And that’s just one of the many pies I’ve got my fingers in these days. Thanks for reading.

1-minute documentary: “19 Years” by Pablo Jones

Here I describe being kidnapped by my mother when I was an infant, why she did it, and how it affected me and my father. The documentary was filmed and edited by artist and renaissance man Pablo Jones. I share this one-minute documentary with you because it is related to a book project of mine, American Family, an epic about my family in all its phantasmagoria.

Enjoy and share.

Brief Review of “Teach Like Your Hair’s On Fire” by Rafe Esquith

Teach Like Your Hair's on Fire: The Methods and Madness Inside Room 56
Teach Like Your Hair’s on Fire: The Methods and Madness Inside Room 56 by Rafe Esquith

My rating: 5 of 5 stars This was instructional but mostly it was beautiful. I cried. This teacher will blow your mind over and over and over. Read it if you are a teacher, but also read “Teach Like Your Hair’s On Fire” if you want to know how to live a better life. I learned – and re-learned – a few priceless lessons. View all my reviews >>

On Anger and Rage

My mother smoked a pack of cigarettes and washed down the tar with a pot of coffee every single day of her pregnancy with me.

My eighth birthday party ended when I ran around screaming into all of my guests’ faces freaking everybody out and crying for absolutely no apparent reason.

Are these two facts connected?

According to my dad, William Fleeman, the founder and CEO of Pathways to Peace, Inc., a not-for-profit education and training corporation on anger management:

People with anger problems use anger like a drug, to change feelings of powerlessness into feelings of power.
That belief of his comes from experience. From the Pathways to Peace Founder’s Story (available in its entirety here) :
I got in my first fistfight when I was eight. It happened at school. Another kid made fun of me because he knew I didn’t have a father. From early childhood I felt worthless and alone, powerless and afraid. That’s how kids feel when their fathers abandon them. The kid’s remarks hooked my feelings of abandonment and pushed my self-esteem even lower. I felt a sinking feeling in my stomach; then I shoved the kid down the school steps.
Watching the kid tumble down the steps, I felt my first “anger high.” The other kids who cheered me on added to the high. The high lasted only an instant, but for that instant I felt a sense of power I had never felt before. I felt confident instead of afraid, accepted instead of rejected, strong instead of weak. What I felt, felt good. The kid was not hurt. Neither of us suffered bad results. The teacher who broke up the fight merely talked to us.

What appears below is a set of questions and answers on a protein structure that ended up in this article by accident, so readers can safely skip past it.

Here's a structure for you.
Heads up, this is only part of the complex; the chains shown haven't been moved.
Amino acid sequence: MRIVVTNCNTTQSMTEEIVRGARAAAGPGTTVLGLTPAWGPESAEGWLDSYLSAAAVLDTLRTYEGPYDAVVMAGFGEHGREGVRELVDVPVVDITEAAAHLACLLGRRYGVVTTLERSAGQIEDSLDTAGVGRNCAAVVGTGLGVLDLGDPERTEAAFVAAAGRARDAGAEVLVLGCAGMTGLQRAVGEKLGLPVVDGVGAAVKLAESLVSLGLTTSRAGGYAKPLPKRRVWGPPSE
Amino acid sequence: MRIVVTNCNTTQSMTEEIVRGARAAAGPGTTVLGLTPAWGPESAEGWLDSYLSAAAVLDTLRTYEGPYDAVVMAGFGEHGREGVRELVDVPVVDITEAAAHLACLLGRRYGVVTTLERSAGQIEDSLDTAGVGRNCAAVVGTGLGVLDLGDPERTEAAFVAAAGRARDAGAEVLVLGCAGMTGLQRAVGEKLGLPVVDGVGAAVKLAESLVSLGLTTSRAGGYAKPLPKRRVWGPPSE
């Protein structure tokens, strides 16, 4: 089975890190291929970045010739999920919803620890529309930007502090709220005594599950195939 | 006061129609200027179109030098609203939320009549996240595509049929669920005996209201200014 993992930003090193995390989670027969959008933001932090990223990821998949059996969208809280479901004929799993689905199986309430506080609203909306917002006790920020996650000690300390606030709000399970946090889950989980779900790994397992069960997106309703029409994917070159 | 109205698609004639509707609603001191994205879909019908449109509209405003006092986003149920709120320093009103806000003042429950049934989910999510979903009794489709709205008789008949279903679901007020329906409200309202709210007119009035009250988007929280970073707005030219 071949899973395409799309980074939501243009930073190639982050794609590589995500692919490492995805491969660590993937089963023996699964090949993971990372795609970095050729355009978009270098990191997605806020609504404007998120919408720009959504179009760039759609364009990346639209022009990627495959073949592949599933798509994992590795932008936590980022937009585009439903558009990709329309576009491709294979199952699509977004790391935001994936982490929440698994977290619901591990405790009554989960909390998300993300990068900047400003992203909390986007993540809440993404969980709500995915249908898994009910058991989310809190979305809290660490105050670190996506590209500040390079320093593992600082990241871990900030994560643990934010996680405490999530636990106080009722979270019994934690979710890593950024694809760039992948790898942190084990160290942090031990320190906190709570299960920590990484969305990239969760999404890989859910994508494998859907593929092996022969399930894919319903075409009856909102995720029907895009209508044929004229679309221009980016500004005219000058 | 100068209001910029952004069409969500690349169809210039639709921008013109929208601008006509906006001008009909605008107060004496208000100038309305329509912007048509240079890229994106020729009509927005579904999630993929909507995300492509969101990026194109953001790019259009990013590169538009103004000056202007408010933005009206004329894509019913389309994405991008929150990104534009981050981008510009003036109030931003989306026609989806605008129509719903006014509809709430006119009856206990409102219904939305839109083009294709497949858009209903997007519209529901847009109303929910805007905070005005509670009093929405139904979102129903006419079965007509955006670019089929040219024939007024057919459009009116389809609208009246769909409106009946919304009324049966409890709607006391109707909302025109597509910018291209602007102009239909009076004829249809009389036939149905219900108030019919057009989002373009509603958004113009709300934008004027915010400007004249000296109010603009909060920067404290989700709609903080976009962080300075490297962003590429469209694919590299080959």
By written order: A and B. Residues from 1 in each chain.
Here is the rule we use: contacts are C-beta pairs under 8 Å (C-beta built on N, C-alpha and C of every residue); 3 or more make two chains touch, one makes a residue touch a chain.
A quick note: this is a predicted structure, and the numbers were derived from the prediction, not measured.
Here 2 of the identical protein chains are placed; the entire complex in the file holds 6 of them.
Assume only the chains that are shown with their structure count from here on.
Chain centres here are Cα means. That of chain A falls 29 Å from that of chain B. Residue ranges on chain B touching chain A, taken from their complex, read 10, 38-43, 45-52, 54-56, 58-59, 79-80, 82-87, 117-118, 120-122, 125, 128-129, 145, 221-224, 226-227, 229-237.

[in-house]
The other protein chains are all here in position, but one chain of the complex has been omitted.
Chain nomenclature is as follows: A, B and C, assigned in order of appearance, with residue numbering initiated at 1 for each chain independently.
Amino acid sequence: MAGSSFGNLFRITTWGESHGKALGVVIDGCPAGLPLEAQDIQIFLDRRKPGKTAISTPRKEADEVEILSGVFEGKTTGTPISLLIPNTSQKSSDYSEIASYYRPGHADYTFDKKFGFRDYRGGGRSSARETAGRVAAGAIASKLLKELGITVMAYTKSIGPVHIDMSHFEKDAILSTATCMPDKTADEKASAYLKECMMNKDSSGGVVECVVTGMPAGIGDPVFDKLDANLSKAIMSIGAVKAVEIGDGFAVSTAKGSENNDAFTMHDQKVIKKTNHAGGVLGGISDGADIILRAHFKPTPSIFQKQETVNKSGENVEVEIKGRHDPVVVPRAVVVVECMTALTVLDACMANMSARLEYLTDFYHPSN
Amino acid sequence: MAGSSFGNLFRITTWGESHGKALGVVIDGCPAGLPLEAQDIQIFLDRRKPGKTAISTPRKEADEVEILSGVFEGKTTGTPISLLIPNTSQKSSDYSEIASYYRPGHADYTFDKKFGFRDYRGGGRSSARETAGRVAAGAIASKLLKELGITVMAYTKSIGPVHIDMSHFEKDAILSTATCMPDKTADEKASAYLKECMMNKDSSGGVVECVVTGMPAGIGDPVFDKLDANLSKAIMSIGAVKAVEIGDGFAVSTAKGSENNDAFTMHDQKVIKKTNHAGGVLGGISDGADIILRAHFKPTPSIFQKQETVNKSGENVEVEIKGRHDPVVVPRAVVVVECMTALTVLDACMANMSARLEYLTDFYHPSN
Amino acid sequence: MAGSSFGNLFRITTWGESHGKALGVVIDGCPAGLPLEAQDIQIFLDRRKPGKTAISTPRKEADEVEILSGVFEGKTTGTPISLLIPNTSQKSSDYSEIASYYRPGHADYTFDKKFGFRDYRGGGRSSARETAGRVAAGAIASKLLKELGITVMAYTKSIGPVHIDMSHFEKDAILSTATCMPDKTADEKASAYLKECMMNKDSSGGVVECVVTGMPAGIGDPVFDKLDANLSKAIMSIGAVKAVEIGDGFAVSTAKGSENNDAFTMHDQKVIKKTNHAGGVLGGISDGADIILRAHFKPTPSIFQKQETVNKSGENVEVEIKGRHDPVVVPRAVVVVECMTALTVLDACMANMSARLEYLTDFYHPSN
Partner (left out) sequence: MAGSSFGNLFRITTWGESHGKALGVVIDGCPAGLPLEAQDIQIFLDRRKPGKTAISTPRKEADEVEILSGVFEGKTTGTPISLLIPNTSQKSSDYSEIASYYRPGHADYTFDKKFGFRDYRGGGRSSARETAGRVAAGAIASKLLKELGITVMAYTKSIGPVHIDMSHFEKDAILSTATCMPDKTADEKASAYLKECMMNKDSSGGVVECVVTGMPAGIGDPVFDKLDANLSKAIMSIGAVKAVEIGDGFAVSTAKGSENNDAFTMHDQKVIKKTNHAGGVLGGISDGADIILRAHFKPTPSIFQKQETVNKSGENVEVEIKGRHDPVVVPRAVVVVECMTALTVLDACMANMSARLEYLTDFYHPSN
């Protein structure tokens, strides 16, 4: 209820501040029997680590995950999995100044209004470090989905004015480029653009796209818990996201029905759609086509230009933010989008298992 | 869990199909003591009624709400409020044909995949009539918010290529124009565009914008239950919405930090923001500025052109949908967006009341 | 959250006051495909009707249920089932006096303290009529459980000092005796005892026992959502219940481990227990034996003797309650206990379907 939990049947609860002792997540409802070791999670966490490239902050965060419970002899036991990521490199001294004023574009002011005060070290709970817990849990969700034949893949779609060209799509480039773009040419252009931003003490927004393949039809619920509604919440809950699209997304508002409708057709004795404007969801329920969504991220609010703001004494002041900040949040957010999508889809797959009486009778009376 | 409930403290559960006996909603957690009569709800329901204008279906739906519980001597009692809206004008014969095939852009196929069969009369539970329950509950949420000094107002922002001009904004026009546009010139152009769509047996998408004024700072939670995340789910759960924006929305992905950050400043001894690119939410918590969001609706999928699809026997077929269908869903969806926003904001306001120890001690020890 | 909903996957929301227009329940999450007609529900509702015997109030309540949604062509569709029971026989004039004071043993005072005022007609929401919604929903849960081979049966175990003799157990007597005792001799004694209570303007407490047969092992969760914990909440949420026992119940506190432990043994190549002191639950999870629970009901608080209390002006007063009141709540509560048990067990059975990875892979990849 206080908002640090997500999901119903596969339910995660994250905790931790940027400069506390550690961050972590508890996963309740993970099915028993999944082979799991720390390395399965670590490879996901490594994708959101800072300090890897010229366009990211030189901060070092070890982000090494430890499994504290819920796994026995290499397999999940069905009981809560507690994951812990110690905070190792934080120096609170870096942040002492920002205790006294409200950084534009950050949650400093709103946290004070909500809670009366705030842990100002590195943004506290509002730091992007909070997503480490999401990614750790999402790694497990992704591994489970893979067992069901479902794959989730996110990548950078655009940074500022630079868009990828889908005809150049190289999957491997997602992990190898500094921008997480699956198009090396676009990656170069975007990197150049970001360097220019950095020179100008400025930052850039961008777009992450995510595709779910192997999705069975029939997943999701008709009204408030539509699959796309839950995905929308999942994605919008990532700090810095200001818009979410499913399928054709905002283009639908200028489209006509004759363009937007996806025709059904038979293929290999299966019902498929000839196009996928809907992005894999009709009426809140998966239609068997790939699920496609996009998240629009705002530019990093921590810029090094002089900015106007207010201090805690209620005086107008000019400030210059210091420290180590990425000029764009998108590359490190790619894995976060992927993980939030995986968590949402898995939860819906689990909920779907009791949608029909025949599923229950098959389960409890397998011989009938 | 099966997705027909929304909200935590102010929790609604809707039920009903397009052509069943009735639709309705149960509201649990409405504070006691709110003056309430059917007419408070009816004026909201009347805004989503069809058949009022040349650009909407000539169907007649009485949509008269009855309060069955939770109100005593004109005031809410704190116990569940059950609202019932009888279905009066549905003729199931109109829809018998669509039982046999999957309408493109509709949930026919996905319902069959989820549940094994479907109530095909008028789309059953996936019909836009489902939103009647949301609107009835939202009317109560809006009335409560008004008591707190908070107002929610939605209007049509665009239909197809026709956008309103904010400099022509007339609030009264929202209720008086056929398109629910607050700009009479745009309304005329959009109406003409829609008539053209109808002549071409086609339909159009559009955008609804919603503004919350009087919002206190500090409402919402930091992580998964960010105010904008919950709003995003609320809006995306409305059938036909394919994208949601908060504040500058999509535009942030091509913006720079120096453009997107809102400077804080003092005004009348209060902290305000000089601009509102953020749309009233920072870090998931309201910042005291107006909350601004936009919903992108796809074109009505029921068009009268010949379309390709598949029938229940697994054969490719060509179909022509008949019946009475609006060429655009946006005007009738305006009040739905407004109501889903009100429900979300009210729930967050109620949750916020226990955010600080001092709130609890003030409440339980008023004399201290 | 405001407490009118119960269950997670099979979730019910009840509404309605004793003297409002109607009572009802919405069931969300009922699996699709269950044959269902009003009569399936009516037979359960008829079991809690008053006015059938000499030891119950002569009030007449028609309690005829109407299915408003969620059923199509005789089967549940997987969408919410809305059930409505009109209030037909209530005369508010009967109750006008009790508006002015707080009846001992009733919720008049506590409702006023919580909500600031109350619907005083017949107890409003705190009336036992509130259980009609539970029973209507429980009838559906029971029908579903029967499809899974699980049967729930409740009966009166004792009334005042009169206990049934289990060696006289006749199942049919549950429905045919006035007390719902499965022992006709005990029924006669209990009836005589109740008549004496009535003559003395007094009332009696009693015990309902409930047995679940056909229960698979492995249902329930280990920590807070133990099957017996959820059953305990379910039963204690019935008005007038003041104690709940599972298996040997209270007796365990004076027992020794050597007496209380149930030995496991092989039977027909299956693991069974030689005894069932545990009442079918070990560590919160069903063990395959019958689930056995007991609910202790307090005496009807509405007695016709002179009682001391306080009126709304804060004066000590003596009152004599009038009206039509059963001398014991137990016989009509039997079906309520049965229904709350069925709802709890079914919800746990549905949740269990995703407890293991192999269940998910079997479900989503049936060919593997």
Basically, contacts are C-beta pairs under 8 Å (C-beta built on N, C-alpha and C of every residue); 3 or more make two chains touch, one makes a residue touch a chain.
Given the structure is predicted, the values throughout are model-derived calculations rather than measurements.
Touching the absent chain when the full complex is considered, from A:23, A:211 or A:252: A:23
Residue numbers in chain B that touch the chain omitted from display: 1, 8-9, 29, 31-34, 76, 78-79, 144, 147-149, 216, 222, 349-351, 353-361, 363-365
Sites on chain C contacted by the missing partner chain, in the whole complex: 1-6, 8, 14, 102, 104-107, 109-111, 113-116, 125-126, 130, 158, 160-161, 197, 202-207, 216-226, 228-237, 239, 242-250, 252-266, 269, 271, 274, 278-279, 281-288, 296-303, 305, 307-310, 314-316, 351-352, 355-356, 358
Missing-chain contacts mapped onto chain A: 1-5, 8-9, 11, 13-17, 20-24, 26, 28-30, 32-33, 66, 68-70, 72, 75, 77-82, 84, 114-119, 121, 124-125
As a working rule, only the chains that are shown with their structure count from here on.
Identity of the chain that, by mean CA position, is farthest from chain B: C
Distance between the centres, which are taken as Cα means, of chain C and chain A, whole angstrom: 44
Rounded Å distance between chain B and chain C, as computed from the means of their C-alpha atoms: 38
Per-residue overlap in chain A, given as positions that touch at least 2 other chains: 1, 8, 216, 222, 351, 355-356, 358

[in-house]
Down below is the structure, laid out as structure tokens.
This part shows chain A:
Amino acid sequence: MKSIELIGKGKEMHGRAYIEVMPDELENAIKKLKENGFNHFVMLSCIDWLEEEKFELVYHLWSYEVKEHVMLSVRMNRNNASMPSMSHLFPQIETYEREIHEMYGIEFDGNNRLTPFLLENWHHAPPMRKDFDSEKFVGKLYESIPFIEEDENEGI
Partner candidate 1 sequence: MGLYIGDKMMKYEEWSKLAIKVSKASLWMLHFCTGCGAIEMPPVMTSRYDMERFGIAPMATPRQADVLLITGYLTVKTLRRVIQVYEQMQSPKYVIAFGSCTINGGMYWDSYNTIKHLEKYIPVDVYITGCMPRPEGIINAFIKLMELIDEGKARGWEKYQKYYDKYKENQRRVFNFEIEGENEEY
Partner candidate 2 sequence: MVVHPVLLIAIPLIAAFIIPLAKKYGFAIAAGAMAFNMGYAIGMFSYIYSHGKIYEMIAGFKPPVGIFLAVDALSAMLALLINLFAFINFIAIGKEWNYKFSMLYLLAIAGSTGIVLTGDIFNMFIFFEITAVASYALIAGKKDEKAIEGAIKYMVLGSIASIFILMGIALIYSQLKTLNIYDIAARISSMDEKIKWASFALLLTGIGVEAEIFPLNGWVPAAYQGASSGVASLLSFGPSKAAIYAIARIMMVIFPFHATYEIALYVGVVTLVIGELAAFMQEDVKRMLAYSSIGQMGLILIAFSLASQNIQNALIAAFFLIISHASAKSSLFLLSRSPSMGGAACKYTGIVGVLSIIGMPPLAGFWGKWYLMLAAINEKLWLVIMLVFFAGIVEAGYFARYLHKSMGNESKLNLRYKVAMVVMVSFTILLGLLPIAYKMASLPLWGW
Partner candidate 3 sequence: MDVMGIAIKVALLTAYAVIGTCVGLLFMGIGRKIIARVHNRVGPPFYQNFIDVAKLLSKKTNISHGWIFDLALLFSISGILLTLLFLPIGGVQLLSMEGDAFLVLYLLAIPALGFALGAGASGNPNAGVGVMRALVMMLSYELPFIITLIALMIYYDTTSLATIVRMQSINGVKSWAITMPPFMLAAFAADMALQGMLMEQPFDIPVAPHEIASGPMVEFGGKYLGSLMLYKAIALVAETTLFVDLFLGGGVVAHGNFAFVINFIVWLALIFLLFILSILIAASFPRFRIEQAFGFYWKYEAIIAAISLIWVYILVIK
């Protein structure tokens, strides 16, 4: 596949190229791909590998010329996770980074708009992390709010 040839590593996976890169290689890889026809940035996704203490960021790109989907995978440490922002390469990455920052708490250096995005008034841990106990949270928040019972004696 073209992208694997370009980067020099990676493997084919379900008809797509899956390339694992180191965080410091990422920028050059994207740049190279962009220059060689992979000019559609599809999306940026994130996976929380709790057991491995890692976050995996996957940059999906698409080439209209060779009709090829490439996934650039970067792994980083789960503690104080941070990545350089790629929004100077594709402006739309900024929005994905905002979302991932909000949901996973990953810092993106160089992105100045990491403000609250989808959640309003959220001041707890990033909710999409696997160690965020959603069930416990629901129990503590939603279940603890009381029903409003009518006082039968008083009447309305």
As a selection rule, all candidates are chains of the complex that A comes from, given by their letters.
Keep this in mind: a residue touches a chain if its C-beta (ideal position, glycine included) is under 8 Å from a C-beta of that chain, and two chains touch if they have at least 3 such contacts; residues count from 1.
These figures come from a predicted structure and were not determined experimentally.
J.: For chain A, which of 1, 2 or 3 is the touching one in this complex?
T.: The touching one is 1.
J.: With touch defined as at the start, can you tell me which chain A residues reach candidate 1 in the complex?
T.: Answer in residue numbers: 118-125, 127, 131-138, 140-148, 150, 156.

Later that day the high went away, and all of the negative feelings I felt about myself came back. But that fight on the school steps changed me. The change lasted most of the rest of my life. A new part was added to my character: a part I could not seem to control, a part I was not even aware of, a part that would continue to seek the rush of power I felt when I shoved that kid down the stairs. Over time that part would grow big and strong. Finally it would run my life. Later I would find out what it was. It was anger and rage.
That fight on the school steps caused me to form another new belief: anger is power. That belief influenced my behavior for the next 35 years.
I can relate, of course. He’s had more time to calm down, also of course. I’m 27. I still get these rushes of adrenaline once in awhile for no apparent reason. I generally don’t freak out anymore. Instead, my voice takes on a new tone, though I don’t scream and yell. My eyes start smoking, and I have to look away from the person I’m with, or else I’ll give them a look they won’t quickly forget. I’ve been told I have an expressive face, which doesn’t make it any easier to conceal my anger.
It’s rare. I’m glad I’ve calmed down. I look forward to calming down more every day. Whether the problem is genetic or learned, I still think the only way to deal with it is to get to know it, and then to sincerely try to solve it. The following workbook might help you if you have anger problems of your own: